Back in the mid-1800s, August Toepler gave us a way to be able to look at sound. Not synthetically visualize it- but actually be able to look at it. His invention was called Schilieron Flow Visualization; by implementing the complex technique into your camerawork, you’ll actually be able to see waves. Whether it’s the waves made from the snap of your fingers, or the waves from the hiss of an opened Pepsi bottle- you can see the noise they make. And NPR released a video that shows you how its done.
We featured Rigwheels way back when they were only selling DIY hardware for dollies. Now they are back with some clever devices that are (again) on the intersection between pro and DIY.
The entire system is designed to be travel friendly, and fits in the back of a car.
Video and autofocus don’s usually go hand in hand. After all, focus is a creative decision and the camera, sophisticated as it may be, can’t know where you want to focus in a scene.
What you usually do is pre-mark focus points and change between them using a programmable follow focus or a focus puller (think a person dedicated for shifting focus).
Andra seemed to have solved both issues in an ingenious way. It provides state-of-the-art iPad controlled follow focus, which is nice, but not new. What’s new is the way they pull autofocus and focus shifting. Rather than pre-focus key elements of the shot and mark them, the Andra system allows using a small sensor to continuously monitor a an object in space. [Read more…]
If you’ve been upset with you the video that you iPhone produces, you may be pleasantly surprised with this new iPhone app: Ultrakam.
The App claims to provide full, uncompressed video from the iPhone 5 coming at 2K resolution (roughly twice the res of full HD – 1936X1446). iPhone 5S can push this res a bit further to 2240×1672. Both using the H.264 iFrame codec. [Read more…]
It is a fairly known fact that Canon videographers can magically “upgrade” their cameras using the Magic Lantern custom firmware. This firmware gives the camera some nice control features, but I suspect that this firmware is usually installed for the better video it provides (raw video, dual ISO, better dynamic range and so on).
Sadly, Nikon users do not have that option. Until now.
The folks at Nikon Hacker recently released a beta load with an upgrade to the camera bit rate output. Depending on the Nikon Body, you can get up to 64mbps (D7000) as opposed to the 24mbps that the camera ships with from Japan. [Read more…]
Grading and Coloring are part of the creative workflow that any piece of video goes through (or at least any fully produced piece of video). It controls the overall ‘feel’ of the movie. When I started doing movies in addition to stills this is one of the things that got me on the first few times. It is a very similar concept to using curves, hue/saturation and other tonal and contrast tools on a photograph.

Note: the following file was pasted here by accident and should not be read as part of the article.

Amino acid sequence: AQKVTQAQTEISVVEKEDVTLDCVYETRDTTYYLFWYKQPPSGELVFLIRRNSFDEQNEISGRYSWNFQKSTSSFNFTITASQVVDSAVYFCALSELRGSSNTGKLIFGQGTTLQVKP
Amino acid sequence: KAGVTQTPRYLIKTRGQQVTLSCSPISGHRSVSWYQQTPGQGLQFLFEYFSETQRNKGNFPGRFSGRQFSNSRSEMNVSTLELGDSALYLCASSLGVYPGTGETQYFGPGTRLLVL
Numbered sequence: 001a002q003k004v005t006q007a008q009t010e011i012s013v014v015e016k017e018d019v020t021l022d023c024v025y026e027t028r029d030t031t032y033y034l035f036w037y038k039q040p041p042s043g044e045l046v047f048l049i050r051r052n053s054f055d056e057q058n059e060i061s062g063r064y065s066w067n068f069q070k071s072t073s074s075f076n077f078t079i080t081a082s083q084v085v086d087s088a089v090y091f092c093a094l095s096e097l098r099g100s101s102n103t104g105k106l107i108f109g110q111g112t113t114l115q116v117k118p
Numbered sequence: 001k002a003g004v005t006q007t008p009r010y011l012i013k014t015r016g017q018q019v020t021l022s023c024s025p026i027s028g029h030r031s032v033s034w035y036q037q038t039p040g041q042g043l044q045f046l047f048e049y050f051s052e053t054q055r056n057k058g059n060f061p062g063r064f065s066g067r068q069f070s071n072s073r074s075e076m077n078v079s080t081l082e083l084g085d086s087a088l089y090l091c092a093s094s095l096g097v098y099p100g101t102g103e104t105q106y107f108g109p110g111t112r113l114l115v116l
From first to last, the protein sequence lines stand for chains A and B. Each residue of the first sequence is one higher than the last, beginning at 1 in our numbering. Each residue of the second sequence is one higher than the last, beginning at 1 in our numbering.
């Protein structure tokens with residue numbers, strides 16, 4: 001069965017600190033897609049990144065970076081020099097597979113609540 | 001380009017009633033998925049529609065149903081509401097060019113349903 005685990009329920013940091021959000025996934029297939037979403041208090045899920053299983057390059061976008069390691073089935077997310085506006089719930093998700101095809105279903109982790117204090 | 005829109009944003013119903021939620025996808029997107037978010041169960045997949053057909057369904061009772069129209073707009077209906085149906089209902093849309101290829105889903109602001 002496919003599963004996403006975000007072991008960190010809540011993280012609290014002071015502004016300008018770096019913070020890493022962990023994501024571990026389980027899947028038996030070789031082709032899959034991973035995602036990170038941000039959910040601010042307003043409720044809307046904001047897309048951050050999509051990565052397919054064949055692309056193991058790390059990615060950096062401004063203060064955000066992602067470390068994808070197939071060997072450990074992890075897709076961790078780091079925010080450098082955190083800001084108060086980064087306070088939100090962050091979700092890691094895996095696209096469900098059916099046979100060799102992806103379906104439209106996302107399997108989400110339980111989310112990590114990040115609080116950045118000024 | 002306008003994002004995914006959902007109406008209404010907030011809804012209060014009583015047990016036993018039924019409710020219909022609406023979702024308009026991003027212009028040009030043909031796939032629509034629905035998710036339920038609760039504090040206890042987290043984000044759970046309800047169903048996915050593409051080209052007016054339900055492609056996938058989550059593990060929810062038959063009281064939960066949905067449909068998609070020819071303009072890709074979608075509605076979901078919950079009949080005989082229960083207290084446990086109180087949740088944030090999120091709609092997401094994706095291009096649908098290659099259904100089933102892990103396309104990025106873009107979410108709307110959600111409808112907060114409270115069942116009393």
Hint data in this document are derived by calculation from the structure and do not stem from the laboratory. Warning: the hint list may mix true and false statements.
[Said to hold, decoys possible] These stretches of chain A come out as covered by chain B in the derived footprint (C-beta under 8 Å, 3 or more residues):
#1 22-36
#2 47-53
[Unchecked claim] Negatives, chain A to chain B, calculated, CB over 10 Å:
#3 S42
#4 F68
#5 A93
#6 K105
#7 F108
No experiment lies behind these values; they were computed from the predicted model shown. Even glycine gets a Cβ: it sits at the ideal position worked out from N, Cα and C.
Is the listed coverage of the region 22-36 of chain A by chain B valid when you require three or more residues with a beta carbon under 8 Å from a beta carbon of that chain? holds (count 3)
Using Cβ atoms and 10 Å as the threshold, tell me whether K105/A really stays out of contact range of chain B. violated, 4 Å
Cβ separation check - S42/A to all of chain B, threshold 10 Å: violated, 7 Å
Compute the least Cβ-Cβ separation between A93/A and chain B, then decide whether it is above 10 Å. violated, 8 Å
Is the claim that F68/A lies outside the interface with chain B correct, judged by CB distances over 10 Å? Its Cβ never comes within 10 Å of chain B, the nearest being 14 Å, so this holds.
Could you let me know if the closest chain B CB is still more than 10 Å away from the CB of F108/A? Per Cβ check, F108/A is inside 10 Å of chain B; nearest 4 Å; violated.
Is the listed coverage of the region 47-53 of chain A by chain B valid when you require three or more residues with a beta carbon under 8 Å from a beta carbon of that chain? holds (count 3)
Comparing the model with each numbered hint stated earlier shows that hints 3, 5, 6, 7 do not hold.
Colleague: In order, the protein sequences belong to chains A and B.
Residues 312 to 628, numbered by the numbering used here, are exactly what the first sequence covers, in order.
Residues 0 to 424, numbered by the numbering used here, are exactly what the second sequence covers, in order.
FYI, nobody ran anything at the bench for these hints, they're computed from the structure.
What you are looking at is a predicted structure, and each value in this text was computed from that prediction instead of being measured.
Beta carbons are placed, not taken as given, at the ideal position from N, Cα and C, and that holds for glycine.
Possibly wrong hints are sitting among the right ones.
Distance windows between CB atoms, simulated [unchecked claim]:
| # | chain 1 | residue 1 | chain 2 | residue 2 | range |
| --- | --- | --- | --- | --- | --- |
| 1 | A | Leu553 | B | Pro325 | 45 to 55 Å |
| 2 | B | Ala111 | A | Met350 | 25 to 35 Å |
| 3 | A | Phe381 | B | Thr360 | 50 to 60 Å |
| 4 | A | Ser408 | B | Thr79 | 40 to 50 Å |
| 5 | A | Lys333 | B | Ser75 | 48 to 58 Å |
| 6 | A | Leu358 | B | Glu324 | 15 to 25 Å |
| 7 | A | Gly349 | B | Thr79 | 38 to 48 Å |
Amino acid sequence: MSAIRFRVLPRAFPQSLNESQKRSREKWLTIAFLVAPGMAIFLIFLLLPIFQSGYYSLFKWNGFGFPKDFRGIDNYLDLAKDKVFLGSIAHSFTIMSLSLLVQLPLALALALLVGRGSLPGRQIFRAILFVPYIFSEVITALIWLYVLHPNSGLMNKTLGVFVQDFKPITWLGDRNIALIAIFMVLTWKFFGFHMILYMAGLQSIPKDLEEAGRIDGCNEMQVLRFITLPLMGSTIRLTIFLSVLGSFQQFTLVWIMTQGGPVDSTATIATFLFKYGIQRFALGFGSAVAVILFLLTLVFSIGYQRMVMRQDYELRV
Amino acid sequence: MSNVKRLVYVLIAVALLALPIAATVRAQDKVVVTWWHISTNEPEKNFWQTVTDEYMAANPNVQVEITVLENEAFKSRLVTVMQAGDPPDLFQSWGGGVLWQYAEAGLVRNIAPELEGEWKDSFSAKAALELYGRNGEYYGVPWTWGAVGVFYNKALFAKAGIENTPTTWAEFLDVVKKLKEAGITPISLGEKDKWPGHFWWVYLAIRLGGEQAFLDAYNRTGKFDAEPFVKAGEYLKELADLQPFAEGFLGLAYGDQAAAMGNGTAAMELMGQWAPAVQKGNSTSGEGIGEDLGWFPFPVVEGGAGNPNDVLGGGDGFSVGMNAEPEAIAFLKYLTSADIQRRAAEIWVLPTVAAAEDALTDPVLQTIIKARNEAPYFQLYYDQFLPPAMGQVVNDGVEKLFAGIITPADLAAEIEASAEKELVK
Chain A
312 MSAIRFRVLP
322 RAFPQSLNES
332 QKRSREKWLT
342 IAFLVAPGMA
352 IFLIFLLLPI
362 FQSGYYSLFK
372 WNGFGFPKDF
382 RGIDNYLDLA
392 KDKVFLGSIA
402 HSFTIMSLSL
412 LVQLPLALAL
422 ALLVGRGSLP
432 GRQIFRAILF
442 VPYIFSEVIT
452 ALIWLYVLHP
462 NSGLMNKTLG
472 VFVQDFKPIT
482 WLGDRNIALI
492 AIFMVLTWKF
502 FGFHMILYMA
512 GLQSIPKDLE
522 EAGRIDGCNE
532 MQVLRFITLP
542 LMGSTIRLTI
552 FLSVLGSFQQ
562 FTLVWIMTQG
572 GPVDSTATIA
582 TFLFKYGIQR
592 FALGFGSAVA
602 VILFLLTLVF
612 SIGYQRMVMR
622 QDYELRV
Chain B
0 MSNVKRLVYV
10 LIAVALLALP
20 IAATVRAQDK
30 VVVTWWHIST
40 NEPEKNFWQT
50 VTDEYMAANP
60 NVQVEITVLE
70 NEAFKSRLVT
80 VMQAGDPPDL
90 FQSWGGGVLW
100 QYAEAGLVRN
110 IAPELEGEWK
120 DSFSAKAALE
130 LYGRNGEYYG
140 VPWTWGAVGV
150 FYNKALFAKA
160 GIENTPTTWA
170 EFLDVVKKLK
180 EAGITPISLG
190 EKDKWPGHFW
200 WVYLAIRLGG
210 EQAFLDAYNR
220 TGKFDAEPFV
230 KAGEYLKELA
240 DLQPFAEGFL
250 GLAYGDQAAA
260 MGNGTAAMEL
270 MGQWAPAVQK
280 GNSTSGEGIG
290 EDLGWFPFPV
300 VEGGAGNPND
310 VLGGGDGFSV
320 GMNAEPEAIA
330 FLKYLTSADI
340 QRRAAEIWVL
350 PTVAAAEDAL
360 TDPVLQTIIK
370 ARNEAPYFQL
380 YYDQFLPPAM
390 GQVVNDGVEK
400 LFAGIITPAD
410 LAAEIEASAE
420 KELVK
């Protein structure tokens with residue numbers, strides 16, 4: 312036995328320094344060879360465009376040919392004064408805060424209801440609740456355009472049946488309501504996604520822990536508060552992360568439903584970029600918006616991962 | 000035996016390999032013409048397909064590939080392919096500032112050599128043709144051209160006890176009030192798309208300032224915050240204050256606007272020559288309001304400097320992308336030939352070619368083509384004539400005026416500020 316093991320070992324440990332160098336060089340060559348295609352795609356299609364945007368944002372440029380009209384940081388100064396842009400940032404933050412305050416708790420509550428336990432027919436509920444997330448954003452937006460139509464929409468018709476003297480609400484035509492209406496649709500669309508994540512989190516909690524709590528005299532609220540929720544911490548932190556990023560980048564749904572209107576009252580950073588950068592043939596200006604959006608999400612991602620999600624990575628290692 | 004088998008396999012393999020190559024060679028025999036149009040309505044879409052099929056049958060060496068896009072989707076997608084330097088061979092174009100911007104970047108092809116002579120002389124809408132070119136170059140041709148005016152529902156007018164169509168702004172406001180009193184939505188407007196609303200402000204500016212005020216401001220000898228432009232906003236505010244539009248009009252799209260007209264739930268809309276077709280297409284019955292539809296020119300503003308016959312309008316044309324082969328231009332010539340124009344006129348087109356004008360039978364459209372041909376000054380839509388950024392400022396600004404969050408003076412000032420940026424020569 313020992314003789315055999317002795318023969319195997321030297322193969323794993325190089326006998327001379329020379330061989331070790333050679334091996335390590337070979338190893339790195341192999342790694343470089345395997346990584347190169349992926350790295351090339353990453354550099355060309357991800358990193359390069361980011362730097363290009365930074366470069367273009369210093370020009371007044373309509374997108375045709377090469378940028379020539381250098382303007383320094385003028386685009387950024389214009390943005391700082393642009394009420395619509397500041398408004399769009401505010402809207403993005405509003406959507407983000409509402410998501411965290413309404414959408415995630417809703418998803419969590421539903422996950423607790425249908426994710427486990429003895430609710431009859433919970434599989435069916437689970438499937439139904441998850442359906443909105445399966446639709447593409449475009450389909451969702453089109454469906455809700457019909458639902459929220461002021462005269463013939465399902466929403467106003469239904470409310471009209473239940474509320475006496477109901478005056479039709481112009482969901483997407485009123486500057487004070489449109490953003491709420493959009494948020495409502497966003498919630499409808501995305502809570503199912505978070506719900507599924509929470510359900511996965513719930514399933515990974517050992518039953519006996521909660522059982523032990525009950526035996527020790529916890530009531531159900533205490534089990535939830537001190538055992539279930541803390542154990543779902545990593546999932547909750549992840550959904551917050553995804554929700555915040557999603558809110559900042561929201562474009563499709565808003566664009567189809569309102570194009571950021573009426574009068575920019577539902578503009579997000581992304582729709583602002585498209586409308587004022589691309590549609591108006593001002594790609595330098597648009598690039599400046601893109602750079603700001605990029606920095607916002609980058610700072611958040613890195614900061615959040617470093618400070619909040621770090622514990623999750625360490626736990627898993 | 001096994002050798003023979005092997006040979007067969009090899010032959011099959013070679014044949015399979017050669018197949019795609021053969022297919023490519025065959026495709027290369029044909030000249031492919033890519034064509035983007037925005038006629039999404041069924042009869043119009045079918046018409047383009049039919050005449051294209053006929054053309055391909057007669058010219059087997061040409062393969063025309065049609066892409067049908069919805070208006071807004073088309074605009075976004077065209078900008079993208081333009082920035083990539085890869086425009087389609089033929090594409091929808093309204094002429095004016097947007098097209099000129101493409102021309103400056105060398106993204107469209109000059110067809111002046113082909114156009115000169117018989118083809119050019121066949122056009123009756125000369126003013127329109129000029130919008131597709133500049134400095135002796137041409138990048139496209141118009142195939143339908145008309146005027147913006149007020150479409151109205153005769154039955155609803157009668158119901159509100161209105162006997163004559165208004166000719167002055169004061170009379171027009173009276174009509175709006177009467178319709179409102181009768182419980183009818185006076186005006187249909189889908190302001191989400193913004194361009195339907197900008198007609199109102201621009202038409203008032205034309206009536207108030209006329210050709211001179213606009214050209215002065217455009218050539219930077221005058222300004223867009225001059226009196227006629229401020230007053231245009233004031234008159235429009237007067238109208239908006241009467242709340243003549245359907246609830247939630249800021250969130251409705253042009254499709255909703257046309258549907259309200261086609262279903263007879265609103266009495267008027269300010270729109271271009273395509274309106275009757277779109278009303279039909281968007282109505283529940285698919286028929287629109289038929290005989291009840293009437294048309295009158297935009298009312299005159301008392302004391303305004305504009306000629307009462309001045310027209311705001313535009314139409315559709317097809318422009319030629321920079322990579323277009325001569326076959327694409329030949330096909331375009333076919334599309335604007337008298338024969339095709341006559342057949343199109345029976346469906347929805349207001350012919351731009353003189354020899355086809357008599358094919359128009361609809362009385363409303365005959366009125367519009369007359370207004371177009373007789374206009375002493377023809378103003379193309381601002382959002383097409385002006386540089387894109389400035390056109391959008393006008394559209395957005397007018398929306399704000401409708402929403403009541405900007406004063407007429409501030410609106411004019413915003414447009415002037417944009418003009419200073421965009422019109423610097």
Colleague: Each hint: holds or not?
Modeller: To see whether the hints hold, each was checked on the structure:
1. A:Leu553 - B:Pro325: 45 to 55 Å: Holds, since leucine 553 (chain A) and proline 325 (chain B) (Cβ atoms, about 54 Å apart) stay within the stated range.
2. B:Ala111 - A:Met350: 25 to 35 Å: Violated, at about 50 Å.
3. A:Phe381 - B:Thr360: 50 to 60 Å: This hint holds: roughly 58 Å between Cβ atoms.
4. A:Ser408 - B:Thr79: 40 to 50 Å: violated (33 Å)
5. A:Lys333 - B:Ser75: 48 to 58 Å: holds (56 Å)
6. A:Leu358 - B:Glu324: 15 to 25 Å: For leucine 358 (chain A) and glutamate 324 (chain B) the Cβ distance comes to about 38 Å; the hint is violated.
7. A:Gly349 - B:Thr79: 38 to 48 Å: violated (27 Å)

Colorist Rob Bessette of Finish Post gives a great introduction into coloring a video (hosted by Rule Boston Camera). It covers everything from what coloring actually is, through basic principles, setting a monitor up and ends up with a spectacular demo of coloring a commercial. If you are unfamiliar with coloring, you would be surprised at how different a movie looks once a colorist is done with it. [Read more…]
What if superman had was wearing a GoPro? Of course he does not probably need it having super memory, laser vision and that huge holodeck in the pole. But what if did?
His day may have looked something like this. The creative team at Corridor Digital made a short video showing the man in blue returning a camera to its owners, while flying the blue skies of LA.
Of course, CD did not actually have access to Clark Kent so they used a DJI Phantom 2 and a GoPro 3+ to take the flying shots and a real (cape wearing) actor to take the person shots and have a bit of a shake to cover the cut point. [Read more…]
Thanks to Planet 5D for the heads up on this!
Disclaimer: if you have a weak wallet, then don’t read this.
Actually, in this case, all of our wallets are most likely crying in the corner, so it’s okay. Just appreciate the camera, I guess.
Panasonic took part in a press conference just yesterday in New Jersey, where it announced a new entry targeted towards the high-high-high end market of cinema. The 4K camera/video-recorder is titled the VariCam 35 (AU-VREC1), and it claims to be a powerhouse in handling a variety of formats.
Earlier today, the 2014 Mobile World Congress took place in Barcelona, and it came packed with quite a few noteworthy stories. Nokia announced the immediate release of not one, but three Android-powered mid-range smartphone models; HTC announced its next entry to the mid-range Desire, sporting a 13MP camera; Samsung – well – remained Samsung with its overall minor update to the Galaxy S line (but hey – maybe that’s just my inner design critic getting frustrated at how much hasn’t changed about the phone’s look). Even if the Galaxy S5’s been grabbing most of the headlines for MWC, Sony still ended up bringing itself a good amount of attention with the products it unveiled today,
Out of them, the Xperia Z2 was what garnered the most interest. Sony’s latest addition to the Xperia line comes in bold colors, as well as bold promises; the waterproof phone packs a 20.7 megapixel camera, one which the company is proudly calling the “world’s best mobile camera”.
As we make more and more videos, our need for a field monitor grew and we finally got Aputure’s VS-3 7″ field monitor.
It is a sub $400 monitor that pact some serious punch and we are quite happy with it. Hit the jump for the full review. [Read more…]